December 11, 2011 -1900 UTC Leg 2 Day 1
BENIGN BREEZE FOR LEG 2 VOLVO RACERS
The six-strong fleet, which started Leg 2 of the Volvo Ocean Race earlier today, is making painfully slow progress towards the Cape of Good Hope approximately 17 nautical miles (nm) south-southeast of the fleet. The first night at sea, after a hectic stopover in Cape Town, looks set to be spent inching along the coast, just four nm from the shoreline, in little or no breeze.
At 1900 UTC tonight, race leader Telefónica (Iker Martínez/ESP) leads Franck Cammas/FRA (Groupama 4) and the chasing pack by 0.20 nm, the slimmest of margins and in the most difficult conditions, almost no wind at all and with boat speeds of less than two knots.
However, once clear of the Cape, the teams should be able to crack sheets and enjoy some quicker reaching conditions, although the Wind Gods will be testing the fleet with a complex set of weather and currents and Leg 2 will be no walk in the park.
The Agulhas current, which runs south down the eastern coast of South Africa, meets the cold water of the Beneguela current and turns back on itself about one kilometre east of the Cape of Good Hope. The result, the shallow area of the Agulhas Bank, is a notoriously rough piece of water to be negotiated. Here, the westerly winds along the African coast collide with the typical three - five knot easterly Agulhas current and can potentially produce boat-breaking conditions. By hugging the coast, the worse effects could be avoided.
Two of six teams in the fleet stepped new masts for this leg having dismasted on Leg 1 and both Ian Walker/GBR (Abu Dhabi Ocean Racing’s Azzam) and Ken Read/USA (PUMA’s Mar Mostro) will be cautious of the conditions they expect to find here.
Speaking earlier today, skipper of Team Sanya, Mike Sanderson/NZL said, “It’s looking like the issue is going to be sea state rather than wind speed. Down by Cape Agulhas there are still three - four metre waves but only 20 knots of wind.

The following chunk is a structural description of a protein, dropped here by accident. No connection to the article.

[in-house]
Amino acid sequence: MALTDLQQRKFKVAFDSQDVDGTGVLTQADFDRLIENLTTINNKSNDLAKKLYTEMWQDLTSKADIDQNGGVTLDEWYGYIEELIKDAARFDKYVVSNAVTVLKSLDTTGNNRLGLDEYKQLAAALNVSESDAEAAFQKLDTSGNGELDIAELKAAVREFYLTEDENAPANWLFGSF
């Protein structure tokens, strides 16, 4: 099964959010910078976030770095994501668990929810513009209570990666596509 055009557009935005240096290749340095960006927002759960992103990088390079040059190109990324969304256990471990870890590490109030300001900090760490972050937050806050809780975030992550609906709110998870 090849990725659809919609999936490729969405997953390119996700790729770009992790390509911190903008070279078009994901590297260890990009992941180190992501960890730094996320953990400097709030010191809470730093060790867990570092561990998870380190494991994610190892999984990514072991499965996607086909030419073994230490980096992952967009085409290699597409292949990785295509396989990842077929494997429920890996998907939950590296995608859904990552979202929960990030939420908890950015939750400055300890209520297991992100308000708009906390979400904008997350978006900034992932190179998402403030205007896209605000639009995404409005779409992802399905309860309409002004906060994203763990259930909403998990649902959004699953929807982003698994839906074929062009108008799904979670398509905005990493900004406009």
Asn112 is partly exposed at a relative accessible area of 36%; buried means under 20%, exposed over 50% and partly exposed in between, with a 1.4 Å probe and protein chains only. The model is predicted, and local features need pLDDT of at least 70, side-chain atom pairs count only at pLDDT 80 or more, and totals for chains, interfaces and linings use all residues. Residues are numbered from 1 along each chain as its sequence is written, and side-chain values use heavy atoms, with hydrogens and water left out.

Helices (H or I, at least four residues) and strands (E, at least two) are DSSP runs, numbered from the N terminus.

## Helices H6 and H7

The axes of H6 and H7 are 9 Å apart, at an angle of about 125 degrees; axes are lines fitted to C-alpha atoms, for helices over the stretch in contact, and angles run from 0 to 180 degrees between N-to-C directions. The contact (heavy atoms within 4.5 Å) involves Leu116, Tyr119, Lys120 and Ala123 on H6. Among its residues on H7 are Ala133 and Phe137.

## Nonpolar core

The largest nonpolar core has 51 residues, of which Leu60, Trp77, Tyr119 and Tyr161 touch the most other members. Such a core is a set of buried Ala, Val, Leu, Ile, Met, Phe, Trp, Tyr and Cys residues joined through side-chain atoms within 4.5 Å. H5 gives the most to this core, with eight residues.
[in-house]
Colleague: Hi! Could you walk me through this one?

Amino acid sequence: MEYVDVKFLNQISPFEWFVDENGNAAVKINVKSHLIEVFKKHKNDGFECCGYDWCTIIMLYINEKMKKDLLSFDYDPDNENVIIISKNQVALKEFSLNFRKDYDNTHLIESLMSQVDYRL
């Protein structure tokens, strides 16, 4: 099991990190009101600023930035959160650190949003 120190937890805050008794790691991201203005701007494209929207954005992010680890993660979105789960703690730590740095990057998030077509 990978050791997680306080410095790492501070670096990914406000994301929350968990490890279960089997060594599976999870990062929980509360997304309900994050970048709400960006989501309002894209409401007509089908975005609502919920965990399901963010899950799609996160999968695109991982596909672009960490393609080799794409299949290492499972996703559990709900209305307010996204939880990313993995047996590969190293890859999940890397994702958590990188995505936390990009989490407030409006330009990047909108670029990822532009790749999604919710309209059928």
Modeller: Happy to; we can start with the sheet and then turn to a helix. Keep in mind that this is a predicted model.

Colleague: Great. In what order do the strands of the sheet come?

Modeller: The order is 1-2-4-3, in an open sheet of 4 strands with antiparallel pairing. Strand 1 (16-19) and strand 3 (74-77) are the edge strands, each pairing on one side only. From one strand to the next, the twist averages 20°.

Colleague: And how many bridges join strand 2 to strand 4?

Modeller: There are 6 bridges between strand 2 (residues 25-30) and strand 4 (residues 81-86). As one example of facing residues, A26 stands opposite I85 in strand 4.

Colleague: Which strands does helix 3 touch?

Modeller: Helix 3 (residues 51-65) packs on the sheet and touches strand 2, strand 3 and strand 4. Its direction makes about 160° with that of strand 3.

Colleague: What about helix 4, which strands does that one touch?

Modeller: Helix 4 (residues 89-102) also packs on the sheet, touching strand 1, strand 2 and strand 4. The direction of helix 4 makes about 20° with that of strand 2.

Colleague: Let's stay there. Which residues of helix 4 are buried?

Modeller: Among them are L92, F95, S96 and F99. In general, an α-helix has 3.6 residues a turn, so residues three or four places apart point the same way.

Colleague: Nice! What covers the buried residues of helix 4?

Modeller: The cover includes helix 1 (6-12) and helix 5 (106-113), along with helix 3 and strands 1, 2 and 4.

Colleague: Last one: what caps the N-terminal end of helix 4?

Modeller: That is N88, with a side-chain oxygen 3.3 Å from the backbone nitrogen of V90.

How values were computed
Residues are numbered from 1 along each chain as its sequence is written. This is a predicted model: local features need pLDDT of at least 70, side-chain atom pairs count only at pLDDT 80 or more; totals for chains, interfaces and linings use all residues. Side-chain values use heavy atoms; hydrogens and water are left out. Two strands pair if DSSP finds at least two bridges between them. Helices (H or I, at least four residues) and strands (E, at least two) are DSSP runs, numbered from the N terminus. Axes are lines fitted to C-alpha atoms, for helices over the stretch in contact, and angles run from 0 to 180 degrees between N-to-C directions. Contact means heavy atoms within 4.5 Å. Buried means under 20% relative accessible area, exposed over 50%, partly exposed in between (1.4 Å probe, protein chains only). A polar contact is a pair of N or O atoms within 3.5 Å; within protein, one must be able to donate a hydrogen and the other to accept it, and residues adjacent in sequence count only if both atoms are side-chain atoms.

“One of the things about 20 knots of wind is that the boats are already going as fast as they can go upwind, so it’s almost worse because you want to sail upwind at 13 knots but if there’s a leftover sea state left over from the big low out there we could be launching off some beauties.
“Although we were cautious even when we ran into something [the boat was seriously damaged in the early part of Leg 1 and retired], I think the fleet is very conscious of getting through these first couple of days. I think you might even see a whole new level of people buttoning off,” Sanderson said.
December 12, 2011
DILEMMA IN NAV WORLD, WHILE GROUPAMA 4 LEADS FIELD
Tonight at 1900 UTC, the Volvo Ocean Race fleet remains tightly bunched, with no clear strategy at this stage of the 5,430 nautical mile (nm) leg from Cape Town to Abu Dhabi. The decision to split from the pack and take the low road to the south has yet to be taken and, as always, the weather Gods are in control. It will be conservative sailing until the crews are forced to declare their plans, perhaps overnight, or tomorrow morning.
“Our weather strategy is in pieces now as the fleet has failed to catch the low pressure as planned and I suspect we will all sit waiting for a new westerly wind to pick us up in the next day or two,” explained Ian Walker/GBR, skipper of Abu Dhabi Ocean Racing’s Azzam earlier today.
Onboard Sanya Lan, skipper Mike Sanderson/NZL and his Norwegian navigator Aksel Magdahl are closely huddled, considering the dilemma of adopting a more southerly route or continuing to hug the African coast before hooking into a little low-pressure system and then charging south. “Fingers crossed we aren’t parked for as long as last night,” Sanderson said hopefully.
However, in contrast to the last 24 hours, the sentence of no wind has been lifted and the frustrating drifting conditions have been replaced by a positive southwesterly breeze, allowing the six teams to crack sheets and reach nicely at between 16 and 17.5 knots.
Groupama 4 (Franck Cammas/FRA) leads the field by just over one mile from CAMPER with Emirates Team New Zealand (Chris Nicholson/AUS), however this pair are only 17 nm offshore and the chasing pack is seven miles to leeward. Overall race leader, Telefónica (Iker Martínez/ESP) is 21 nm astern in sixth place, but has gained four miles over the past three hours, while Azzam records the highest average speed of 12.9 knots.
December 13, 2011
TACKING AND STACKING AS CAMPER LEADS THE WAY
At 1000 UTC this morning it was back to tacking and stacking as all six boats racing in Leg 2 of the Volvo Ocean Race to Abu Dhabi were in sight of each other as they clawed their way up the South African coast towards Port Elizabeth in an eight to 10 knot headwind. CAMPER (Chris Nicholson/AUS) is leading the field from PUMA’s Mar Mostro (Ken Read/USA) and Groupama 4 (Franck Cammas/FRA).